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What to eat when you have COVID – and why reaching for the chicken soup is not a bad idea

Got COVID? Again?

Deciding what to eat can be mentally taxing, especially when you are not feeling well. However, our diet plays a role in preventing and managing poor health, including COVID.

Having a healthy diet is associated with a reduced risk of COVID. And, if you do have COVID, a healthy diet is associated with milder symptoms.

Read more: Don't listen to Gwyneth Paltrow – IVs are not a shortcut to good health

Deciding what to eat can be mentally taxing when you’re sick. Shutterstock

What should I eat during COVID infection?

When we are sick it can be challenging to even think about food. However, the best way to fight the infection is by providing your body with foods that best support you to heal.

Fresh fruit, vegetables, whole grains and various forms of protein are broken down into substances by the body to support your immune system.

The Australian Guide to Healthy Eating suggests we eat a variety of fresh foods every day including:

  • two serves of fruit and five serves of vegetables

  • whole grains, such as wholemeal pasta, brown rice or wholemeal bread

  • healthy fats, such as avocado or olive oil

  • meat and meat alternatives (such as lean beef, chicken, tofu or legumes) and dairy (such as cheese or milk).

Eating these kinds of foods every day helps provide our body with the nutrients required to fight infections and remain healthy.

Avoiding processed and ultra processed foods is also encouraged due to the high levels of salt and sugar and lack of nutrition found in these types of foods.

Fresh fruit, vegetables, whole grains and proteins help feed your immune system. Shutterstock

What about chicken soup or similar?

A great way to get all the nutrition your body requires when sick with COVID is through homemade chicken soup, chicken avgolemono, chicken congee or other similar dishes.

Why? Here are four good reasons:

1. It’s easy and cheap to make

The great thing about chicken soup is you can pop it in one pan (or into a slow cooker), throw all the ingredients in together and let it simmer away.

While the ingredients in chicken soup pack a powerful nutritional punch, they don’t cost the Earth.

2. It’s easy to absorb

The boiling process releases the nutritional elements found in the ingredients and aids in digestion and absorption of these vital nutrients.

3. It’s full of vitamins and minerals

Essential vitamins and minerals found in chicken soup include: iron, magnesium, sodium, potassium, calcium, chromium, copper, zinc, vitamin A, vitamin C, vitamin B6 and vitamin B12.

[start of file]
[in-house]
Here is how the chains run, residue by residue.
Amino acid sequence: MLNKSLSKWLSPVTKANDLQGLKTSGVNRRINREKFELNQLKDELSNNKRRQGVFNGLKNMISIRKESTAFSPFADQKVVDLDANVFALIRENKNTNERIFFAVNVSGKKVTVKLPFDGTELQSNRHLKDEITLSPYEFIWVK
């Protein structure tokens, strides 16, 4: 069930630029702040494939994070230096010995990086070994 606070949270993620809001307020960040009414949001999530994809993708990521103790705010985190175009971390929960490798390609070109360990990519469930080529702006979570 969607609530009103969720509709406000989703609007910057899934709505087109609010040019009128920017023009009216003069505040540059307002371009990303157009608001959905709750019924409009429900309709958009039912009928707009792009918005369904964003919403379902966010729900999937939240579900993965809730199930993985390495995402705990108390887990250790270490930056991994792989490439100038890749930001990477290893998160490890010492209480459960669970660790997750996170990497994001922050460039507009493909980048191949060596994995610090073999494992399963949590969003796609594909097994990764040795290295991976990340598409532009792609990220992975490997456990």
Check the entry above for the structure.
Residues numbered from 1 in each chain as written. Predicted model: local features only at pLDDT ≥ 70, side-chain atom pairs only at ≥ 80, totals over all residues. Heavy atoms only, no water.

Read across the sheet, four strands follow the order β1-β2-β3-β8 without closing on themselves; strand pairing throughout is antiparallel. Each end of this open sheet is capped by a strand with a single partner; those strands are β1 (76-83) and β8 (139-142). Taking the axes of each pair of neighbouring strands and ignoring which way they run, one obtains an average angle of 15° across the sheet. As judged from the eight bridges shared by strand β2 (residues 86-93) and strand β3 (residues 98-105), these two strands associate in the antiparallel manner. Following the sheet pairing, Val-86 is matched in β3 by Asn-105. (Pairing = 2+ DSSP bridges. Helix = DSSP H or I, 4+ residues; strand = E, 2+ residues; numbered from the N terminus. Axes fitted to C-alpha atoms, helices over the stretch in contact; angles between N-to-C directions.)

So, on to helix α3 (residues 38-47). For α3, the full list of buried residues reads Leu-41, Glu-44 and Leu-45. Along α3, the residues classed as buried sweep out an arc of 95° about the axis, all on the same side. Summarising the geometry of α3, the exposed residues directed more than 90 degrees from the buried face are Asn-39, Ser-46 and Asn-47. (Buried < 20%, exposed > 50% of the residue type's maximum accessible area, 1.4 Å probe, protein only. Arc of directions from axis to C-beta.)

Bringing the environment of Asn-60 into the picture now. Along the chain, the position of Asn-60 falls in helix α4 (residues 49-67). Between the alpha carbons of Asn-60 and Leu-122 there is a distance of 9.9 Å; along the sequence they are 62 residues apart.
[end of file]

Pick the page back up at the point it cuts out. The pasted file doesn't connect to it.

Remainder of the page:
4. It’s flavoursome and powerful

The tasty flavour of chicken soup is enhanced by the seventeen different amino acids found in chicken soup. These amino acids also provide strength for your immune system

The ingredients in chicken soup pack a powerful nutritional punch. Shutterstock

Nutrition can support immune health but it’s not the only answer

The best way to treat and manage a COVID infection is to avoid it in the first place. So remember to practise good hygiene, like washing your hands regularly, and maintain your recommended vaccine schedule.

Practising a healthy lifestyle will also reduce your risks of not only contracting COVID, but also developing chronic disease. This includes not smoking or vaping, maintaining healthy physical activity habits, getting enough sleep and reducing alcohol consumption.

The current recommendation for maximum alcohol intake is ten standard drinks in one week, and no more than four standard drinks in one day.

Don’t forget to drink plenty of water

Water is crucial when you’re sick.

Being dehydrated can enhance symptoms of colds and infections, including COVID. It is also associated with a higher risk of developing long COVID.

Aim to drink at least two litres of water per day, even more if you have a high body weight or have been losing fluids through vomiting or sneezing/runny nose.

If you don’t feel like having plain water, there are many healthy alternatives such as tea, broth or soup.

Read more: Don’t like drinking plain water? 10 healthy ideas for staying hydrated this summer

Let’s remember to eat healthy anyway

Eating a healthy and balanced diet is an important part of maintain good health and vitality.

Getting caught up in fads or buying supplements can be expensive and there is controversy around their effectiveness.

In the long run, eating healthy will make you feel better and save you money.

Read more: Can taking vitamins and supplements help you recover from COVID?

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